1. Union-backed Working Washington is leading a boycott of several businesses that are supporting an initiative to undo Seattle's new $15 minimum wage law.

Martha Fletcher, owner of one of the targeted businesses, the Blarney Stone pub in downtown Seattle (which has contributed $150 to Forward Seattle, the group that's attempting to undo the $15 law, and replace it with a phased-in $12.50 minimum), explained her opposition to $15 yesterday, telling us:

[Under the $15 proposal], tips are going to be phased out over several years. That's the part we mostly object to.  ... 15Now and Working Washington put me on their boycott list simply because I have a different opinion from theirs, so they are demonizing me. If I have to pay my servers $15 an hour I will go under. The little businesses can’t afford this. I don’t have a problem paying my cooks $15, but if I have to pay my servers and bartenders $15 I will go out of business. They're going around saying that we are endorsing a poverty wage that’s not true, and we want to clear that up. That's not true. 

2. Be warned, if you go to any sort of city planning or neighborhood meeting (such as a Department of Planning and Development meeting about the 2035 comp plan), an activist may hand you a flyer advocating measures to save and grow Seattle's tree canopy.

There's nothing wrong with that—we like the cause. However, the attention-grabbing factoid at the top of the flyer—that Seattle's tree canopy has decreased from 40 percent of the city's land area in the 1980s to 23 percent today—is way off base.

When Fizz was handed the flyer, we fact-checked the stat and at first, the city signed off on it, showing us a 2007 city report, the Urban Forest Management Plan, that said the canopy fans had their facts right (since the '70s, actually.)

However, when we pushed the city for sourcing on the claim, there was no direct citation for it, and the numbers turned out to be wrong. One staffer guessed that the 40 percent number was a misinterpretation based on an American Forests study from the late 90s that called for 40 percent tree cover.

What the city then turned up for us were numbers based on a few different studies that, while erratic and using incompatible science from study to study, indicate that the canopy has actually increased over the years from 15 percent in the early 1970s, down to 10 percent in the mid-90s, and back up to 18 percent in the early 2000s, to nearly 23 percent in the late 2000s.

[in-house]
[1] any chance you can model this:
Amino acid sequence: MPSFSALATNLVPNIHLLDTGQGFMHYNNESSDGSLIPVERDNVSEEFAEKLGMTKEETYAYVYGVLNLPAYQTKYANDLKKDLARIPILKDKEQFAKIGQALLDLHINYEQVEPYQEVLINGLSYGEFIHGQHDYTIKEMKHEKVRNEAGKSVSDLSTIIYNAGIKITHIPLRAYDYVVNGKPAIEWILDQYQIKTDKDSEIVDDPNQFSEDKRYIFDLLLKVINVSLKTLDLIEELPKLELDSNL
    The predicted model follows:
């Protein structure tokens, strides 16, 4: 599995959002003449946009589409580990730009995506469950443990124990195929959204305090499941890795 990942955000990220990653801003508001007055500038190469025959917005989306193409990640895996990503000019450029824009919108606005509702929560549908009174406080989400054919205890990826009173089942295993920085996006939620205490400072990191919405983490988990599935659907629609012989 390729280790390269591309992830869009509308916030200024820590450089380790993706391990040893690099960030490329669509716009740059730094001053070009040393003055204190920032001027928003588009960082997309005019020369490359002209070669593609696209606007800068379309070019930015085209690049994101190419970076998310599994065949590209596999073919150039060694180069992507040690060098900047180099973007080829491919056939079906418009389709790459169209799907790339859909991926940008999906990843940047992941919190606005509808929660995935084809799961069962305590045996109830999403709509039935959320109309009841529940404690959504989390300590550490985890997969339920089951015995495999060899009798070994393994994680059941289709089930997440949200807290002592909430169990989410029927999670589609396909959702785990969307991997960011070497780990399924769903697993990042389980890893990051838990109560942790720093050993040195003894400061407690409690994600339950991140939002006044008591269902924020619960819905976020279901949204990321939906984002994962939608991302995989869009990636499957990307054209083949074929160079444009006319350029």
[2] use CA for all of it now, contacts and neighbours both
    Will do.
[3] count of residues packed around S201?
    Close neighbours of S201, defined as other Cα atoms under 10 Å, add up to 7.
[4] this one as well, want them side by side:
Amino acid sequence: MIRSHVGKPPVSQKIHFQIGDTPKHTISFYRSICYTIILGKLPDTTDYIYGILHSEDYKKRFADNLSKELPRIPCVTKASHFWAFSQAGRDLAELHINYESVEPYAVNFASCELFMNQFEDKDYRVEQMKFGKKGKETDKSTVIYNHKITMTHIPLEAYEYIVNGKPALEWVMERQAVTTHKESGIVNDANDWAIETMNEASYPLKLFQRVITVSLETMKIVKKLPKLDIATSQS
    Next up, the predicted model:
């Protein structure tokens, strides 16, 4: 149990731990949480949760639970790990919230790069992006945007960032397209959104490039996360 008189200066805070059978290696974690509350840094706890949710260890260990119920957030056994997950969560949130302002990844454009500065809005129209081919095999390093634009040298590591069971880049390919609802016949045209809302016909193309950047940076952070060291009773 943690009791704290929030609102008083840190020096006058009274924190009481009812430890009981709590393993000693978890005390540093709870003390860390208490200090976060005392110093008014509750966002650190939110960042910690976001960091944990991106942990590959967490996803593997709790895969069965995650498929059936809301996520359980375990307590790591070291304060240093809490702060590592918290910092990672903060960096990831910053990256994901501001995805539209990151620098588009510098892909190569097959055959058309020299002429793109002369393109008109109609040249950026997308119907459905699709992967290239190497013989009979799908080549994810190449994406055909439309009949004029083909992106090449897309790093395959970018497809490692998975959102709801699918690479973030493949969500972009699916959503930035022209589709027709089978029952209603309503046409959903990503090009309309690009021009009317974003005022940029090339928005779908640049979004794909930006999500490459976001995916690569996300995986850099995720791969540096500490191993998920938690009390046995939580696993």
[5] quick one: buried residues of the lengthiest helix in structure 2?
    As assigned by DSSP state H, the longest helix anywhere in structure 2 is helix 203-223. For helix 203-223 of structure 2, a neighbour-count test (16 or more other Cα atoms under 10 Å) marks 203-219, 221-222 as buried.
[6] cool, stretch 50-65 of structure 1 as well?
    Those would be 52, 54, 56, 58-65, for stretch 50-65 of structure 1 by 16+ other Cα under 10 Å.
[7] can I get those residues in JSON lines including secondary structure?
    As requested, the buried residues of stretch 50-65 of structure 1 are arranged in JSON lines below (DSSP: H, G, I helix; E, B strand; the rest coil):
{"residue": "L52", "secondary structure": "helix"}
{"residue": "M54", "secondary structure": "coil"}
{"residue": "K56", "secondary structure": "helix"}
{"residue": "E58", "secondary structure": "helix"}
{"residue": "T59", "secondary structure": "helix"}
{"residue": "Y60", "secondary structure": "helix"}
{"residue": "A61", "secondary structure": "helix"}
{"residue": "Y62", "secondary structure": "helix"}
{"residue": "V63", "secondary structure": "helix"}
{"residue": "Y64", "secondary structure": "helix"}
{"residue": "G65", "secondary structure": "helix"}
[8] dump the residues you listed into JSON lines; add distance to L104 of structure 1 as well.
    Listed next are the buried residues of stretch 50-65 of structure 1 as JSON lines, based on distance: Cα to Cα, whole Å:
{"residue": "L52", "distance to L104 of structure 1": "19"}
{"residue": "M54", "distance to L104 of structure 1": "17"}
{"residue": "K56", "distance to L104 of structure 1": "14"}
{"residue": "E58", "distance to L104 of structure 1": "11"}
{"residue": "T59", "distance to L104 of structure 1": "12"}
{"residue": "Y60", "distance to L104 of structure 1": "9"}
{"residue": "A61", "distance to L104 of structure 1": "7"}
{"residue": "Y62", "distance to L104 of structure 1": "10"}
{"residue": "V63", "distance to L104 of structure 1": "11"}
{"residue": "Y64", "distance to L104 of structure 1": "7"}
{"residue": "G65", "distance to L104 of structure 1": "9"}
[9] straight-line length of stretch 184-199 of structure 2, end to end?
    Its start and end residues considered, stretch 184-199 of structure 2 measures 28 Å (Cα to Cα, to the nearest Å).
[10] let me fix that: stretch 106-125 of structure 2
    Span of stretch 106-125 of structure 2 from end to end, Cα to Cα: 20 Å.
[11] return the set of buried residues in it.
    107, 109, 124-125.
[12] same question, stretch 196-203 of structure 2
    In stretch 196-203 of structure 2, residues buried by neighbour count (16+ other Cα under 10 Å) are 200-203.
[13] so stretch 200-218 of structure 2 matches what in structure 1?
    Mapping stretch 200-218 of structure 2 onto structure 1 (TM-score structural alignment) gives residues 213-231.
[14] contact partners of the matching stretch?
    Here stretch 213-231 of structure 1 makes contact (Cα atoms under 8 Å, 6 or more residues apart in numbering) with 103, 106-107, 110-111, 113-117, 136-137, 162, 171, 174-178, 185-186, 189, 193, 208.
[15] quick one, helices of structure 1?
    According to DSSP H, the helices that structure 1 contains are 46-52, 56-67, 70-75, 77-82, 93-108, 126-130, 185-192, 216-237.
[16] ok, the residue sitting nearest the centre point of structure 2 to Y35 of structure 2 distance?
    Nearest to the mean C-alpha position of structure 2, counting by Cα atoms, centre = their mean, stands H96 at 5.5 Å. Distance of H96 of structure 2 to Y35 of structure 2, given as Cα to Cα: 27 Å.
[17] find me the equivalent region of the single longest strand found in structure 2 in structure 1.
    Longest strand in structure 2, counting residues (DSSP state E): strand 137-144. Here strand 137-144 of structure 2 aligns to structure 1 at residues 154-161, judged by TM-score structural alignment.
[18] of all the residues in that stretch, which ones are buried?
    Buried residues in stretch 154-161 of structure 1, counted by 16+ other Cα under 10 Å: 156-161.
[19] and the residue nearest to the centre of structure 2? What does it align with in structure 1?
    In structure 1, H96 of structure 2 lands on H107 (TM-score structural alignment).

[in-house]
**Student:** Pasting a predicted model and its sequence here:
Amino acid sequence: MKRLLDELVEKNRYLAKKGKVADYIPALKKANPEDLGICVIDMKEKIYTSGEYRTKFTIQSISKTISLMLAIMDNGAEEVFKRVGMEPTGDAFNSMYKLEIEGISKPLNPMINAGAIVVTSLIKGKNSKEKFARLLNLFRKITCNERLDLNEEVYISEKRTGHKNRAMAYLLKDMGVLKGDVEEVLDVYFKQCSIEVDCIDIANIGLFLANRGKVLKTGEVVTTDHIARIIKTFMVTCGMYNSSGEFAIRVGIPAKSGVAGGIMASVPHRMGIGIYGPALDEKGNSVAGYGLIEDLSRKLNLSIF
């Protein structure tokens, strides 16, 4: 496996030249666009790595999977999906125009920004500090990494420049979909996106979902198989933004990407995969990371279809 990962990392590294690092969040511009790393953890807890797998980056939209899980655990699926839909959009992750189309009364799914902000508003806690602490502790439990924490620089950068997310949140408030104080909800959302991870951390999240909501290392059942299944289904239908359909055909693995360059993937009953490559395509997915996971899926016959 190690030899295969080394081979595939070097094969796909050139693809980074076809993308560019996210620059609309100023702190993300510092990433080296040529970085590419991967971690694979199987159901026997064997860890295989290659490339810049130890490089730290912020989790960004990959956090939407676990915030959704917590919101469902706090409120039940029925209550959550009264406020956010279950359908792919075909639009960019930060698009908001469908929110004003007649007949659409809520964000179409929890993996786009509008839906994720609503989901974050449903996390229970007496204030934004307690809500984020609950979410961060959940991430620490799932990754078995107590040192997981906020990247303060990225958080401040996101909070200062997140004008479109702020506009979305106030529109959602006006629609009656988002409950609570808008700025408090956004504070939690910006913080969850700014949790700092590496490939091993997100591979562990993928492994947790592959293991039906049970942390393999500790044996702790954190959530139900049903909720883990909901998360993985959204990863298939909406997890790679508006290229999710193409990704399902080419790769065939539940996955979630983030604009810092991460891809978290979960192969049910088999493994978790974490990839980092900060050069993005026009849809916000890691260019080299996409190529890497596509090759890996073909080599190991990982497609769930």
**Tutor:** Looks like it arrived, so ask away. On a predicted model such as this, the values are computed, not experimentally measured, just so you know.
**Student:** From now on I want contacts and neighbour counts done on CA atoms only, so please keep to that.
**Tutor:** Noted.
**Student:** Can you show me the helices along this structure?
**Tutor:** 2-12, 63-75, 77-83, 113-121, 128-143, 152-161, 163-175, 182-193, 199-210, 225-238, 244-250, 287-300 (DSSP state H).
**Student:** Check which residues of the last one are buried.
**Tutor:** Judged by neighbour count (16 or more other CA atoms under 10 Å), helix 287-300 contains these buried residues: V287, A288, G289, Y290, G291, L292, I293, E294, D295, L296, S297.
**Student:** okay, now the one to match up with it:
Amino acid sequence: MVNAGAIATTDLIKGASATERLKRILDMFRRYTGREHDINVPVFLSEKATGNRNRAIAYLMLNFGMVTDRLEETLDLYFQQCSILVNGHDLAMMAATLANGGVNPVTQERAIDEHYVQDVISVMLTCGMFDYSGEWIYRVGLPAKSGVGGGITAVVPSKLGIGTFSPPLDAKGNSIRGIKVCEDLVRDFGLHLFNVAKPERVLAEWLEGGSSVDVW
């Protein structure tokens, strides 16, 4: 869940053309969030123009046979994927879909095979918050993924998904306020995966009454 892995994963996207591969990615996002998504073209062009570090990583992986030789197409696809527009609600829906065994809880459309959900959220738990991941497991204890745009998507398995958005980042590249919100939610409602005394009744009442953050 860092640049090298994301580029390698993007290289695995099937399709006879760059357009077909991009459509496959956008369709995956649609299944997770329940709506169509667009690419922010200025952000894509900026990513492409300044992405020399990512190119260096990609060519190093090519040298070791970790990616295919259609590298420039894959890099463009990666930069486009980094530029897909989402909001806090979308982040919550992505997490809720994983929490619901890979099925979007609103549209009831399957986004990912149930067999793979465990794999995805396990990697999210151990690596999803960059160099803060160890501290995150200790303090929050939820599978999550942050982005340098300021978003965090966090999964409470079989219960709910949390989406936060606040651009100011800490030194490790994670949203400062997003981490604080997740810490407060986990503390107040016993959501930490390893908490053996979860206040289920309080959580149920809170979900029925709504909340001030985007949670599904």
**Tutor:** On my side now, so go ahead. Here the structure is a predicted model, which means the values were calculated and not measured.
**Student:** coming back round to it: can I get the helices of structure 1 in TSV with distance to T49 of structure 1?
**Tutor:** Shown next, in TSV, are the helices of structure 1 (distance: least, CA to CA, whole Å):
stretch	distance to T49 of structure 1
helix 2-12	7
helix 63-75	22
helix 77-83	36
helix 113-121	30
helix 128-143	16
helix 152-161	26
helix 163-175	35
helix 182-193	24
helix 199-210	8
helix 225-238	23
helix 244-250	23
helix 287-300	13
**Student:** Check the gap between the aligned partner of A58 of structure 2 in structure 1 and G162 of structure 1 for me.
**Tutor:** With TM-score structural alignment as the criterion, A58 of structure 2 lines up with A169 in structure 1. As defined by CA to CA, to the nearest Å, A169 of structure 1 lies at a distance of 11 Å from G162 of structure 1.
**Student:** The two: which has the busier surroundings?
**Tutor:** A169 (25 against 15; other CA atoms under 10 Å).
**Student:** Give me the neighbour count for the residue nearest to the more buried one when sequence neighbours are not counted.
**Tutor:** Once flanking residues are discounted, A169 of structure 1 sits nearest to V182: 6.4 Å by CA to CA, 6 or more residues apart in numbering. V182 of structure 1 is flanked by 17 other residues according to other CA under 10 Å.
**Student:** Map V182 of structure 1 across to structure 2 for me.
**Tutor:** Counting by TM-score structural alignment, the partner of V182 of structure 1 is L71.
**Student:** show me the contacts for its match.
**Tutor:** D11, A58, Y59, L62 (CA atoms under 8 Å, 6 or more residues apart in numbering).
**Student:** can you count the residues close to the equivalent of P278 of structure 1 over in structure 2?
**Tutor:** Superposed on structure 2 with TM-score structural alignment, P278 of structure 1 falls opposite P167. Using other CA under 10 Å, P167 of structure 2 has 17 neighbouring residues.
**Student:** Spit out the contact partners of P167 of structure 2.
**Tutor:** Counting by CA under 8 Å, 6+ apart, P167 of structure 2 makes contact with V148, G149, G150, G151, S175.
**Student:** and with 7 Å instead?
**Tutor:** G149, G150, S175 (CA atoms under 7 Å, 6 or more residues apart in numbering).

The city has a goal of getting tree canopy cover to 30 percent by 2037.

3. Even casual readers of Fizz have must have noticed by now that we're fans of the 2013 book The Metropolitan Revolution by Brookings Institute vice president Bruce Katz and fellow Jennifer Bradley; the book posits that cities and metro regions are displacing the feds and state governments as the most important drivers of national policy and the global economy. 

While the book relies on a lot of urbanist mumbo-jumbo about "open innovation," "networking assets," and "creation nets," it's jam-packed with compelling anecdotes, facts, and concepts that spell out exactly why cities are the solution to our economic malaise.

The most riveting chapter in the book is chapter six, "The Rise of Innovation Districts," which explains that the traditional ivory tower campus model for business success (think Microsoft on its isolated, idyllic corporate campus) needs to be displaced by creative clusters of businesses plunked down in the heart of the city, mashed up with housing, transit, restaurants, and shops (think South Lake Union).

And well, Katz's latest Brookings paper—published this spring as a clear hyperlink follow-up to chapter six ("The Rise of Innovation Districts: A New Geography of Innovation in America")—spends plenty of time in South Lake Union, portraying it as an exemplar.  

Here's the whole report, but if you don't want to read the whole thing, here are some Cliff's Notes starring South Lake Union: 

The “re-imagined urban areas” model: old industrial areas near waterfronts are prime locations for the growth of innovation districts. This is fueled by their proximity to the downtown core, which is supplemented with advanced research companies and large, anchor businesses. SLU is a prime example of this on all accounts. (Page 3)

The groups and individuals who are driving innovation district growth across the country varies widely; SLU is one of two innovation districts listed that’s being driven by a major developer and land owner (Vulcan); Amazon, as a large anchor company, has also played a major role in the growth of SLU as an innovation district. (Page 3)

Mayors are playing a major role in facilitating the growth of innovation districts; Former Mayor Greg Nickels is sited as a key influence on SLU. (Page 15)

 There’s a growing trend of leading-edge tech and pharmaceutical companies, universities, and even medical campuses to move advanced research and other critical assets to locations that generate the largest ROI for the firm/institution; UW is mentioned for locating it’s research facilities in SLU. (Page 16, 23)

 Attracting, retaining, and growing a highly skilled talent pool are heightening priorities; Amazon is included as one of SLU’s most successful strategies to achieving this. (Page 18)

A Fizz footnote, though: No mention of how the "highly skilled talent pool" is "heightening" rents!    

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